What Can You Anticipate During LPN Training?

What Can You Anticipate During LPN Training?

What Can You Anticipate During LPN Training?

Assuming that you have met all prerequisites for an LPN program, you may now be wondering just what will be involved in your LPN training. Basically, there are four aspects of LPN training that you will need to complete, and they include classroom-type instruction, laboratories, clinicals, and an extern or internship.

LPN Classroom Instruction

LPN classroom instruction, also known as LPN theory, mainly consists of a variety of career-related coursework that will prepare you for the position of a practical nurse. However, if you choose to attend a community college, you may need to complete several general education (GE) courses as well.

General Education and career-related classes can be completed in a traditional classroom setting, through distance education, or through an online training center. Each facility determines the types of courses that LPN students must complete. As such, the classes you will need to take will vary depending on your chosen school.

General Education Requirements

General education courses are often required if you attend a community college, and they can vary depending on your placement exam scores. However, some typical GE coursework can be found below:

  • Interpersonal Communications or Public Speaking
  • Computer Skills
  • Intermediate Algebra
  • English Composition
  • Developmental Psychology
  • Introductory Chemistry
  • General Biology
  • Microbiology
  • Human Anatomy and Physiology

Career-Related Requirements

The main part of your LPN program consists of a large variety of career-related courses. These courses also vary depending on your school, and it is important to keep in mind that the names of these classes may differ as well. Nevertheless, some common career-related courses in an LPN program are as follows:

  • Human Nutrition
  • Geriatric/Elder Care
  • Hospice/Palliative Care
  • Emergency Room Nursing
  • Community Health Nursing
  • Pediatric Nursing
  • Current Trends in Practical Nursing
  • Pharmacology
  • Mental Health Nursing


Laboratories go hand-in-hand with many of your general education science courses. These classes provide you with an opportunity to examine topics in greater detail than you would during classroom lectures. General education science courses that often require laboratories in addition to classroom instruction include:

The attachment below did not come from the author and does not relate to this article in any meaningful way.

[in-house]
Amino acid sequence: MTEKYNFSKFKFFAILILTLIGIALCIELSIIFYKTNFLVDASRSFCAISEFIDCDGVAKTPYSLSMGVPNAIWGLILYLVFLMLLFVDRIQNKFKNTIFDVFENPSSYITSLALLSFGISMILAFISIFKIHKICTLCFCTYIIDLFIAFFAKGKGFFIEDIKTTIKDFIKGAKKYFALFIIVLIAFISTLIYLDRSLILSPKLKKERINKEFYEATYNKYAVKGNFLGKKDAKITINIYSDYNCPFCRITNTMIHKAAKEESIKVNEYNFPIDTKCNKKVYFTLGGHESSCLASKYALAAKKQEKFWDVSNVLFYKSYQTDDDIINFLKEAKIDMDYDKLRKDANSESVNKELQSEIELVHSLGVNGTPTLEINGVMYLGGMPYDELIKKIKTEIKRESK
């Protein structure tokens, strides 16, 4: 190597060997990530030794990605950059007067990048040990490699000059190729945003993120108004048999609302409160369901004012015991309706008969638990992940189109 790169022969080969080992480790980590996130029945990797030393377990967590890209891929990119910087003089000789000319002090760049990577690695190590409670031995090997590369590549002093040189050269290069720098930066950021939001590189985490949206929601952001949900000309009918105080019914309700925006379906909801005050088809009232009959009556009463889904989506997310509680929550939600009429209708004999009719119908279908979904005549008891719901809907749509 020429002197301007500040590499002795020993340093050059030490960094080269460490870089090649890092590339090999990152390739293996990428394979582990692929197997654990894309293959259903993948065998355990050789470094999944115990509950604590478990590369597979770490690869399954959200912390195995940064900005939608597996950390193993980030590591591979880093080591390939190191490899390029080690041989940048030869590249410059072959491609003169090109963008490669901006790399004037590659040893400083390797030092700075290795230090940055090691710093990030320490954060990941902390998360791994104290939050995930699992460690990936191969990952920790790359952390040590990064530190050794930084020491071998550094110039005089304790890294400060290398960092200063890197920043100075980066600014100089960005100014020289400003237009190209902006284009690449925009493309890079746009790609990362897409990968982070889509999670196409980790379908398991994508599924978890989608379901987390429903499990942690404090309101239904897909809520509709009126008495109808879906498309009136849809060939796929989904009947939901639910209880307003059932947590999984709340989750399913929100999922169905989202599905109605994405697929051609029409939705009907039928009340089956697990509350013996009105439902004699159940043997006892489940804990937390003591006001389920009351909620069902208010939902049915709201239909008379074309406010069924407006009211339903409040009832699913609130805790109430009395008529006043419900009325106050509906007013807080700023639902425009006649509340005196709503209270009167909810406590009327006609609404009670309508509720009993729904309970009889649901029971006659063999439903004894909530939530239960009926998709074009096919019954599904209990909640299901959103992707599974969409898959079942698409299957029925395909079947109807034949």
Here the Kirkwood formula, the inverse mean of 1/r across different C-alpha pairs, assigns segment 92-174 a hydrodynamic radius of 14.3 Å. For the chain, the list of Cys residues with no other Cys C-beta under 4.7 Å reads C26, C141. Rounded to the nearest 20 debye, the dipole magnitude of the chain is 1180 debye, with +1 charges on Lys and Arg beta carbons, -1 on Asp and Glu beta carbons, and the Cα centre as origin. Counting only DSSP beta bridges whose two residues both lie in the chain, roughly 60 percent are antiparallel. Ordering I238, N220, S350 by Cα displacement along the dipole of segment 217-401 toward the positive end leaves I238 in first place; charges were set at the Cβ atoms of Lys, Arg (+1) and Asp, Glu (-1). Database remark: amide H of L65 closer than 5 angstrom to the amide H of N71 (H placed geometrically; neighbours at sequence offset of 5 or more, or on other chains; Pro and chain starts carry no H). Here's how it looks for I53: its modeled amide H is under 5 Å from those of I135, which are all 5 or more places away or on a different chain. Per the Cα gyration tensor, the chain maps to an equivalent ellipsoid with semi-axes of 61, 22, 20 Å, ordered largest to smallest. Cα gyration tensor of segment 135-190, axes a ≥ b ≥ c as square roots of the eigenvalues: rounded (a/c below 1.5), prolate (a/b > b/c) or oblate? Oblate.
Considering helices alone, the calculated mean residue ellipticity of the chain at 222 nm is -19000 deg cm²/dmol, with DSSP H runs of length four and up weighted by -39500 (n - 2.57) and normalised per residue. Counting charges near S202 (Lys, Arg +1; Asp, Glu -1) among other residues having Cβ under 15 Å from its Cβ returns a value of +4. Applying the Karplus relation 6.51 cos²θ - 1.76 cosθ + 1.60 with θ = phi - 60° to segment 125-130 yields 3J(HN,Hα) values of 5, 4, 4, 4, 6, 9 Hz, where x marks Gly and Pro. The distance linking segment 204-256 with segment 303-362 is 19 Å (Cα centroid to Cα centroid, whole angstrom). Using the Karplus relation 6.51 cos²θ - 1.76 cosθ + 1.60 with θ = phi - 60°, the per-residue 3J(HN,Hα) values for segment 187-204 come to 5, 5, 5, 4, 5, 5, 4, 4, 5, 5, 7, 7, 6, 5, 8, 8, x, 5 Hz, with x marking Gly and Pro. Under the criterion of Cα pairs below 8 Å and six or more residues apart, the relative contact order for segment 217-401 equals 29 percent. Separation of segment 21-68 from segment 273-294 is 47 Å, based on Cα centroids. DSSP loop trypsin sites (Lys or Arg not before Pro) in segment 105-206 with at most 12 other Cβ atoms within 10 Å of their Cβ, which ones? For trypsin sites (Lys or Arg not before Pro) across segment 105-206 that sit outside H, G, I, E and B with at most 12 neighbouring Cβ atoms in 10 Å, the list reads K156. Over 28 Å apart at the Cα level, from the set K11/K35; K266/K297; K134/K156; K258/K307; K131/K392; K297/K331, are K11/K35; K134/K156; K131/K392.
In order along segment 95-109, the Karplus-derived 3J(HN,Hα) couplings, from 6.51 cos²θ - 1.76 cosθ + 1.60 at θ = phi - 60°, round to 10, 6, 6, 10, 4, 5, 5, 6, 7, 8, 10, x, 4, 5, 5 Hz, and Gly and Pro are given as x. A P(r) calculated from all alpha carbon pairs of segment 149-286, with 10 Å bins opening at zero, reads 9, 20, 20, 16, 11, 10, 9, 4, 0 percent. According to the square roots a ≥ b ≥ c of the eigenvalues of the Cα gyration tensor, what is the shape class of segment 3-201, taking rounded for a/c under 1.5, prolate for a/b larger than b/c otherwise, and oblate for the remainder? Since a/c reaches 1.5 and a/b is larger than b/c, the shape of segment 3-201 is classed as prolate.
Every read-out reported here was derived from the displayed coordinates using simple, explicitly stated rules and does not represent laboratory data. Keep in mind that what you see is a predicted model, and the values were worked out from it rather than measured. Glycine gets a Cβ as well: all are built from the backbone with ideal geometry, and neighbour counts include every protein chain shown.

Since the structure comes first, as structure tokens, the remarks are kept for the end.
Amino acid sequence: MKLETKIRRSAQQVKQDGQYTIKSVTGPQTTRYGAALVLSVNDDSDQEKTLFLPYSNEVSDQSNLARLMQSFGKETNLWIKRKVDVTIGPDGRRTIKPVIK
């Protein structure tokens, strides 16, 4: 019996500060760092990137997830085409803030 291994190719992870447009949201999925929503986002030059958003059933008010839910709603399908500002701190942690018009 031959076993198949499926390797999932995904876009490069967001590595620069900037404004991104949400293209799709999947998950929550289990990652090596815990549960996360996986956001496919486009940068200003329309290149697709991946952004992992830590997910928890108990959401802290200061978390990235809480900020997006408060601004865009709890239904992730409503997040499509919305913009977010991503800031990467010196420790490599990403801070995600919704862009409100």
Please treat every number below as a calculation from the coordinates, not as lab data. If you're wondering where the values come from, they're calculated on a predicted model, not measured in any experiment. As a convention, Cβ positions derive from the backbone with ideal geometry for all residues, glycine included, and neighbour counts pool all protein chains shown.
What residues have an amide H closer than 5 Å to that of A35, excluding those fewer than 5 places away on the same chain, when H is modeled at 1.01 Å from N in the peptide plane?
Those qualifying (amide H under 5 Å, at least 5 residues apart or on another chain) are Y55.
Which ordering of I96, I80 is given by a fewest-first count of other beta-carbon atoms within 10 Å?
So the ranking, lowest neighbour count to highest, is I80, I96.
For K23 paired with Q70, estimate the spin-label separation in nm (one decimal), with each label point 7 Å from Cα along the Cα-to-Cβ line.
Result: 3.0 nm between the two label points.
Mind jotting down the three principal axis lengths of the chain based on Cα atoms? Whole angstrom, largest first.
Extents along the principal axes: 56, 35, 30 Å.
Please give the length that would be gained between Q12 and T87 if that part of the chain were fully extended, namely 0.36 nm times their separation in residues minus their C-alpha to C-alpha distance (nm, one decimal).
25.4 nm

• Introductory Chemistry
  • General Biology
  • Microbiology

Clinical Training

Clinical training is performed after you complete the classroom portion of your program. Each state requires LPN students to complete a certain number of clinical hours before they can graduate. This type of training will provide you with direct hands-on experience necessary for an LPN career. During your clinical training, you will obtain many essential skills such as those listed here:

  • Administering IVs
  • Placing and Maintaining Catheters
  • Taking and Recording Vital Signs
  • Administering Injections and Medication
  • Transporting and Moving Patients
  • Performing CPR
  • Collecting Samples for Lab Analysis
  • Collecting Patients' Medical Histories
  • Maintaining Patients' Files

LPN Internships and Externships

Finally, while completing an LPN intern or externship is not required for you to obtain an LPN license, doing so can significantly boost your chances of finding a great job. Your school or local Board of Nursing can help you locate an intern or externship in your area. If you choose to sign on to an intern or externship, you can choose to work in any of the following facilities:

  • Public Hospitals
  • Community Health Centers
  • Family Medical Clinics
  • Nursing Homes
  • Private Physician Offices
  • Urgent Care Centers